A transnational view on domestic workers’ organising for labour rights and against violence



In correspondence to the coming into force of the ILO C189 in 2011, scholars and activists have increasingly turned their attention to domestic workers’ groups investigating the original forms of organising that this traditionally ‘unorganisable’ workforce has managed to develop across different contexts in the last decades.
The transnational domestic workers’ movement arguably represents a unique case to study the ways in which social change in the field of gender violence may be produced intersectionally. vidence suggests that, while domestic workers globally articulate their claims in the labour rights field, their struggles keep at the center the issue of violence – symbolic and material – that they are subjected to, at work and outside, also on the basis of their intersectional subordinated social positions – as migrant women, ethnicised women, or women of lower classes and caste. Labour organising in this case appears to go hand in hand with self-help work around self-image and identity, and domestic workers’ movements mobilise deep emotions related to stigmatisation, shame and silence.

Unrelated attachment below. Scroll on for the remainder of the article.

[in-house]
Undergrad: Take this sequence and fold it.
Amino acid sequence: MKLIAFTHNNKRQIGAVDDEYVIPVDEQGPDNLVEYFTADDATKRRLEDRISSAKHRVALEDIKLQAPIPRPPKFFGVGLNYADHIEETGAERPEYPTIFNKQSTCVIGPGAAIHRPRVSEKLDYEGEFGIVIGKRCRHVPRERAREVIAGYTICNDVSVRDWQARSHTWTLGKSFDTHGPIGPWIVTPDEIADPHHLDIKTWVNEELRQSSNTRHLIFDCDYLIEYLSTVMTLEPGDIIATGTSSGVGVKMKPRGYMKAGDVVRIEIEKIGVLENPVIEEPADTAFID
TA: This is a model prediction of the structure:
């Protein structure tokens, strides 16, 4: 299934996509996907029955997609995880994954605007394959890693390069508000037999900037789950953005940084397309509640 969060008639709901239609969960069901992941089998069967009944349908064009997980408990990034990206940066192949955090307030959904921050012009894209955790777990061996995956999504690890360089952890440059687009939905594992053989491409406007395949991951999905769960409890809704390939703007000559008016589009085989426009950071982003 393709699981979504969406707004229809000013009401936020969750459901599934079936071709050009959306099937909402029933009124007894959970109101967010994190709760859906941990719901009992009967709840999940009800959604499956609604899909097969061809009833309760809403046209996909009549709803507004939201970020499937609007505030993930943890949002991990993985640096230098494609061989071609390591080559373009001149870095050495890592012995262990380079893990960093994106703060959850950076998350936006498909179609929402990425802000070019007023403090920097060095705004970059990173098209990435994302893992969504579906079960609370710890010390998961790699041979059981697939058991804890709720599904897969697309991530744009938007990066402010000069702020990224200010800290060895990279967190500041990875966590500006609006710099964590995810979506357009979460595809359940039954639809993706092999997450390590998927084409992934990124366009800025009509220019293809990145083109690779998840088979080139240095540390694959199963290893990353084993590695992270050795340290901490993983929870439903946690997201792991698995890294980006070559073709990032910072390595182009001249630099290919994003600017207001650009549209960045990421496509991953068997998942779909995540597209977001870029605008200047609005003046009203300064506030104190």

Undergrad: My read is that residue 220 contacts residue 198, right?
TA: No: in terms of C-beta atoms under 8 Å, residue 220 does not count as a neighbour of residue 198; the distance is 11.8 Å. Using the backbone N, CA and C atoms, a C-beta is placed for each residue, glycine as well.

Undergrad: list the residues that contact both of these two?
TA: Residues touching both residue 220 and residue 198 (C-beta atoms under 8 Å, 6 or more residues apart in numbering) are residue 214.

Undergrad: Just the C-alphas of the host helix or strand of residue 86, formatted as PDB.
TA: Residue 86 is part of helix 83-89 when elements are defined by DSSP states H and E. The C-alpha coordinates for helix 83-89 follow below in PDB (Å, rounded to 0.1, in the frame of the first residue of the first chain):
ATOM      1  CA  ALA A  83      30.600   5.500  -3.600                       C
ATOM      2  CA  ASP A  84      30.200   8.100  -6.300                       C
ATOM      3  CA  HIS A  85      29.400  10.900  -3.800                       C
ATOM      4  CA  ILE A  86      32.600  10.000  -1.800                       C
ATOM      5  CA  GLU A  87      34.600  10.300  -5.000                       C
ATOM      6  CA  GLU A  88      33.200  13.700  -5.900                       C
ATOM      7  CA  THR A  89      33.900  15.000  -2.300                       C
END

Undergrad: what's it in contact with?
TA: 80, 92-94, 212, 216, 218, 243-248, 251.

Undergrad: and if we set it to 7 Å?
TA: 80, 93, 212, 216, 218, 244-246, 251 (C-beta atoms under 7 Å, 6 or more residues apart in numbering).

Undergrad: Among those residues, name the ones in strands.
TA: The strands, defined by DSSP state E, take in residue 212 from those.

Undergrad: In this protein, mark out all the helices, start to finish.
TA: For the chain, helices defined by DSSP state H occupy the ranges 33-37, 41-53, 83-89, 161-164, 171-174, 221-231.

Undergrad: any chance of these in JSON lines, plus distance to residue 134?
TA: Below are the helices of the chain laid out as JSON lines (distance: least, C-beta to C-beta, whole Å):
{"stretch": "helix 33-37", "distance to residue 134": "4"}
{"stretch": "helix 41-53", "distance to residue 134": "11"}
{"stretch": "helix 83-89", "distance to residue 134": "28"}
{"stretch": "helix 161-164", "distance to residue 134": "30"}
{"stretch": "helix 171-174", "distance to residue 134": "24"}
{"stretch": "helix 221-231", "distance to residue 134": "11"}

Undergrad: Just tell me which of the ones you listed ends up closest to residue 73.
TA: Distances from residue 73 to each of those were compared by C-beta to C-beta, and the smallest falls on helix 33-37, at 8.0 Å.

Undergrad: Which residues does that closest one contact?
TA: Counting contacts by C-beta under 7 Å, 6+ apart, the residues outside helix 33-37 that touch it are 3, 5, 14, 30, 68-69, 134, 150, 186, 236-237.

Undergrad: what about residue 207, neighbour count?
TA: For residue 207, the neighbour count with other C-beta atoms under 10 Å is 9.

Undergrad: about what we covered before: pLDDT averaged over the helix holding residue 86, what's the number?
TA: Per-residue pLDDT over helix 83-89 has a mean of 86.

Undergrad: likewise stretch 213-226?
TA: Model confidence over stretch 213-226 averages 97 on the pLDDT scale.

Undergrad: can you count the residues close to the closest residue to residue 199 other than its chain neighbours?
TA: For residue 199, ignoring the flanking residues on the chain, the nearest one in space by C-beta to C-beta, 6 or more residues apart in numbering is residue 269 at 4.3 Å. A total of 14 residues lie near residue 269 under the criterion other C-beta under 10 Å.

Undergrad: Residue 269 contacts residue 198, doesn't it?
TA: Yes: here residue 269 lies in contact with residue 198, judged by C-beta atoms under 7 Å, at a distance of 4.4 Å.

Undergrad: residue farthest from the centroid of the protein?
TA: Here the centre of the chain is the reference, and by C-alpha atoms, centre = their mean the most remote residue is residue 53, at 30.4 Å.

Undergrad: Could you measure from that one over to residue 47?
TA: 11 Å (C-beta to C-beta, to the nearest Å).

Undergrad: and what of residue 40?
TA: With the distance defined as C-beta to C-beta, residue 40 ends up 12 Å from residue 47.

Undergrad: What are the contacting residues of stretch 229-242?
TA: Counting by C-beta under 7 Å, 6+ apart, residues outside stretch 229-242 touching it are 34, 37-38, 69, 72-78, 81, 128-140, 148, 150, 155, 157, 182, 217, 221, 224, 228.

The present paper addresses these questions by taking a comparative look at domestic workers organising in the nine countries involved in the DomEqual project: India, Philippines, Taiwan, Italy, Germany, Spain, Ecuador, Colombia, Brazil. We focus in particular on how transnational relations were and still are played out in these movements around the ILO C189, and how they are relevant to their current involvement in the preparatory work towards a possible new ILO Convention on violence and harassment at work. We try to assess the encounters, the tensions and the collaborations taking place at the regional and the international levels on issues of violence against domestic workers, both among domestic workers’ groups and between these groups and other governmental and non-governmental organisations working in the same field or in close-by fields, namely in relation to race and caste, migration and trafficking, women’s rights, labour rights, and disability.